— [http://goo.gl/T56PsU] The objective of the “National Dialogue” was to facilitate a peaceful and constructive agreement on a stable transitional government_______________________as an exit to the political crisis that was threatening to derail the democratic transition.

:: RT: ▶ http://goo.gl/T56PsU ◀ The Nobel Peace Prize 2015 awarded to the Tunisian National Dialogue Quartet | #NobelPrize #Peace #Tunisia #Africa #Quartet

The Nobel Peace Prize Committee handed the award to the Tunisian National Dialogue Quartet for its "decisive contribution to the building of a pluralistic democracy in the country in the wake of the Jasmine Revolution of 2011." The group is dedicated to creating dialogue between disparate elements of Tunisian society.

The group includes a labor union, a trade confederation, a human rights organization and a lawyers group: 1) Tunisian Confederation of Industry, 2) Trade and Handicrafts (UTICA); 3) Tunisian General Labor Union (UGTT); 4) Tunisian Human Rights League (LTHD) and the National Association of Tunisian Lawyers.

"The Quartet was formed in the summer of 2013 when the democratization process was in danger of collapsing as a result of political assassinations and widespread social unrest," the Nobel Committee said in a statement. "It established an alternative, peaceful political process at a time when the country was on the brink of civil war. It was thus instrumental in enabling Tunisia, in the space of a few years, to establish a constitutional system of government guaranteeing fundamental rights for the entire population, irrespective of gender, political conviction or religious belief."

The prize comes nearly five years after an unemployed street vendor set himself on fire, touching off a political earthquake that toppled Tunisia’s longtime authoritarian president and proceeded to reverberate throughout the Middle East and North Africa.

As the Nobel Committee noted Oct. 9th 2015 in its statement, "The Arab Spring originated in Tunisia in 2010-2011, but quickly spread to a number of countries in North Africa and the Middle East. In many of these countries, the struggle for democracy and fundamental rights has come to a standstill or suffered setbacks."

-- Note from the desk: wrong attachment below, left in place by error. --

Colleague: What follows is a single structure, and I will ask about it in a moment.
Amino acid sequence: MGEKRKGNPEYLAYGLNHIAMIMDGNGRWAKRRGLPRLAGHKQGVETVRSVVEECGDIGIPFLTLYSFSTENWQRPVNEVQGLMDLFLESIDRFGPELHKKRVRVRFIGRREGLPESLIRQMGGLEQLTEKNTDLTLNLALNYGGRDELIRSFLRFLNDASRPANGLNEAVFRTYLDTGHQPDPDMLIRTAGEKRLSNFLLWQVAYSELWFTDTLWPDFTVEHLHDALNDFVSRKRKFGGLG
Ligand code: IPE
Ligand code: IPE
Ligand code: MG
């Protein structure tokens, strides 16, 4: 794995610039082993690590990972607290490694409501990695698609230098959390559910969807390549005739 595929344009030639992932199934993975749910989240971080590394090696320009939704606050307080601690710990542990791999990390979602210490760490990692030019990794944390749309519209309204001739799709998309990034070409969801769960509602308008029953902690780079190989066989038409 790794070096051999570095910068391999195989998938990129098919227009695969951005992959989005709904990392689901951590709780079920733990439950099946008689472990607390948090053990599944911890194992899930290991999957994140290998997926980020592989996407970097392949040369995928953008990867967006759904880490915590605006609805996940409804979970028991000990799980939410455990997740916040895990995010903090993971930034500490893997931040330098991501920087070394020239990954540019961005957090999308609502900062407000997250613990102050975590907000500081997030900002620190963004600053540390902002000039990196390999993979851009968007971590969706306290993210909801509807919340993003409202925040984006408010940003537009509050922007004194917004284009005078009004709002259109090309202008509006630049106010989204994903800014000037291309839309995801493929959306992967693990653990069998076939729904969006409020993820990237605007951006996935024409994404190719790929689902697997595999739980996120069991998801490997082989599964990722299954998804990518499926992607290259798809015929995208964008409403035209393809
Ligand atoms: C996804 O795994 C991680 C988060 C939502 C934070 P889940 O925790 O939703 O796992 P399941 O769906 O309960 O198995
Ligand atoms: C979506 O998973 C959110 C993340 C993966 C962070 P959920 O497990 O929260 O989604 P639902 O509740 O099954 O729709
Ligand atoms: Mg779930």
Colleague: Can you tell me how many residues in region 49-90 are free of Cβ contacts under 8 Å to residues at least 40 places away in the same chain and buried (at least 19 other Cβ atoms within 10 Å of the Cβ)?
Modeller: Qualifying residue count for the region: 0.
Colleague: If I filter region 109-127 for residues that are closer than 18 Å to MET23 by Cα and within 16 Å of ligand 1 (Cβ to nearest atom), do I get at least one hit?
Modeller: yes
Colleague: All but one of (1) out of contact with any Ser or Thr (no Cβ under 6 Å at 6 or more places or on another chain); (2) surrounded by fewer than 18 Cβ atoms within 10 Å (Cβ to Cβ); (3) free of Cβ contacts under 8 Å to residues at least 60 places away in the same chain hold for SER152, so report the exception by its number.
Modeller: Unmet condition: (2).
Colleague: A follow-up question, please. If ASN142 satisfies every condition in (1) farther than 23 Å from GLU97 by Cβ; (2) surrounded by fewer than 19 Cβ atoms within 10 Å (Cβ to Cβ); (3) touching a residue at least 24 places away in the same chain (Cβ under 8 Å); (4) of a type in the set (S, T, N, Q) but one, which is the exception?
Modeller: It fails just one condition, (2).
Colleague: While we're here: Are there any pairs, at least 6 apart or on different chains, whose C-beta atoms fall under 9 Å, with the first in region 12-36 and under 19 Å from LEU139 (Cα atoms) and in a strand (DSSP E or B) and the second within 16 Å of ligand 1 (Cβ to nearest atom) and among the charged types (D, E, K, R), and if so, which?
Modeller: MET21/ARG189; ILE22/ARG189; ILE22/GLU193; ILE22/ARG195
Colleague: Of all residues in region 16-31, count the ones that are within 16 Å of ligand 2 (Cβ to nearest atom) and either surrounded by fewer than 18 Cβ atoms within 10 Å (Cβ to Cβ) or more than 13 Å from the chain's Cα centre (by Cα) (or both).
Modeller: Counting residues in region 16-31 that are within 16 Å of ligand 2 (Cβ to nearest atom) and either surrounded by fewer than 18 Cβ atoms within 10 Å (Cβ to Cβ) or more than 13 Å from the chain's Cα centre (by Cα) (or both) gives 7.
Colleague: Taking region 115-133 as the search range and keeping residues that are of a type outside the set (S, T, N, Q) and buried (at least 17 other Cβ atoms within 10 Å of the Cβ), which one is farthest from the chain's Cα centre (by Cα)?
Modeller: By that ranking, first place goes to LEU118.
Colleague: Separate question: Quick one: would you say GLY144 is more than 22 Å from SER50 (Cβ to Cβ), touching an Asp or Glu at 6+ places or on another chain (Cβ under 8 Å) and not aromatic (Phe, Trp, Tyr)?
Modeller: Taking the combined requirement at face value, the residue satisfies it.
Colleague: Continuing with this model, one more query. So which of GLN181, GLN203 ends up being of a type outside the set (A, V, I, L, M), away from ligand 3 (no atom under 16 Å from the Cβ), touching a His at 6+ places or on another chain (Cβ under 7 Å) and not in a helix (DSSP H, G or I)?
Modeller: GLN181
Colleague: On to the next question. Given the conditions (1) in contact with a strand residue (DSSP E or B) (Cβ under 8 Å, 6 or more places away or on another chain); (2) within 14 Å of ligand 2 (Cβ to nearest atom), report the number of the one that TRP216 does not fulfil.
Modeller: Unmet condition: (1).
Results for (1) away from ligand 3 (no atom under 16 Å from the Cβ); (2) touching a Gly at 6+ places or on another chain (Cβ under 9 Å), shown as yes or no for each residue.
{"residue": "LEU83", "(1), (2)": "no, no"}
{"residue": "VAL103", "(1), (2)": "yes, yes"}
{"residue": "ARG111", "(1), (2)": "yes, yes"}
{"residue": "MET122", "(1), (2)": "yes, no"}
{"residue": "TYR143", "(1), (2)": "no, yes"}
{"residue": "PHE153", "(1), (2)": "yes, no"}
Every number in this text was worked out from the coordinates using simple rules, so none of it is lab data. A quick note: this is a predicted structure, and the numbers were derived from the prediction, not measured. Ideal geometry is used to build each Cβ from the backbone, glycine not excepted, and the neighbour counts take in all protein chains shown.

The National Dialogue brings together 1) parties in power, 2) opposition parties PDF ::

Mediating a peaceful and constructive exit out of the crises, PDF - Official Website - BenjaminMadeira

"What Role for Tunisia’s National Dialogue," by Hamadi Redissi, Professor of Public Law and Political Science at the Faculty of Law and Political Science -University of Tunis -Al-Manar PDF ::

What Role for Tunisias National Dialogue, by Hamadi Redissi, Professor of Public Law and Political Science, PDF - Official Website - BenjaminMadeira


• Tunisian National Dialogue Quartet Wins the Nobel Peace Prize 2015.

MP3 — Mohamed Fadhel Mahfoudh, the president of the Tunisian Order of Lawyers; Wided Bouchamaoui, president of the Tunisian Confederation of Industry, Trade and Handicrafts; Abdessattar Ben Moussa, the Tunisian Human Rights League president; and Houcine Abassi, secretary general of the Tunisian General Labour Union.

  • Nobel Peace PrizeNobel Peace Prize
    Tunisian National Dialogue Quartet
  • Nobel Peace PrizeNobel Peace Prize
    Nobel Peace Prize

"Tunisia: In and Out" :: This documentary looks into the events that preceded the Tunisian Revolution and examines the reasons behind the people's uprising against Ben Ali, the toppled Tunisian president.

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  1. Mediation Perspectives: The Tunisian National Dialogue

    The adoption of a new Tunisian constitution at the end of January 2014 has been hailed as a major milestone in the country’s democratic transition and a welcome piece of good news amid concerns about the direction of transition processes in other countries in the region.

    From a mediation perspective, the national dialogue process that brought Tunisia to this point is noteworthy for at least two reasons. First, the mediators in this case were insiders with a stake in the outcome. Second, changes in context, beyond the control of either party, significantly altered the strategic calculations of the negotiators and opened the window to an agreement.

    1. A transition in crisis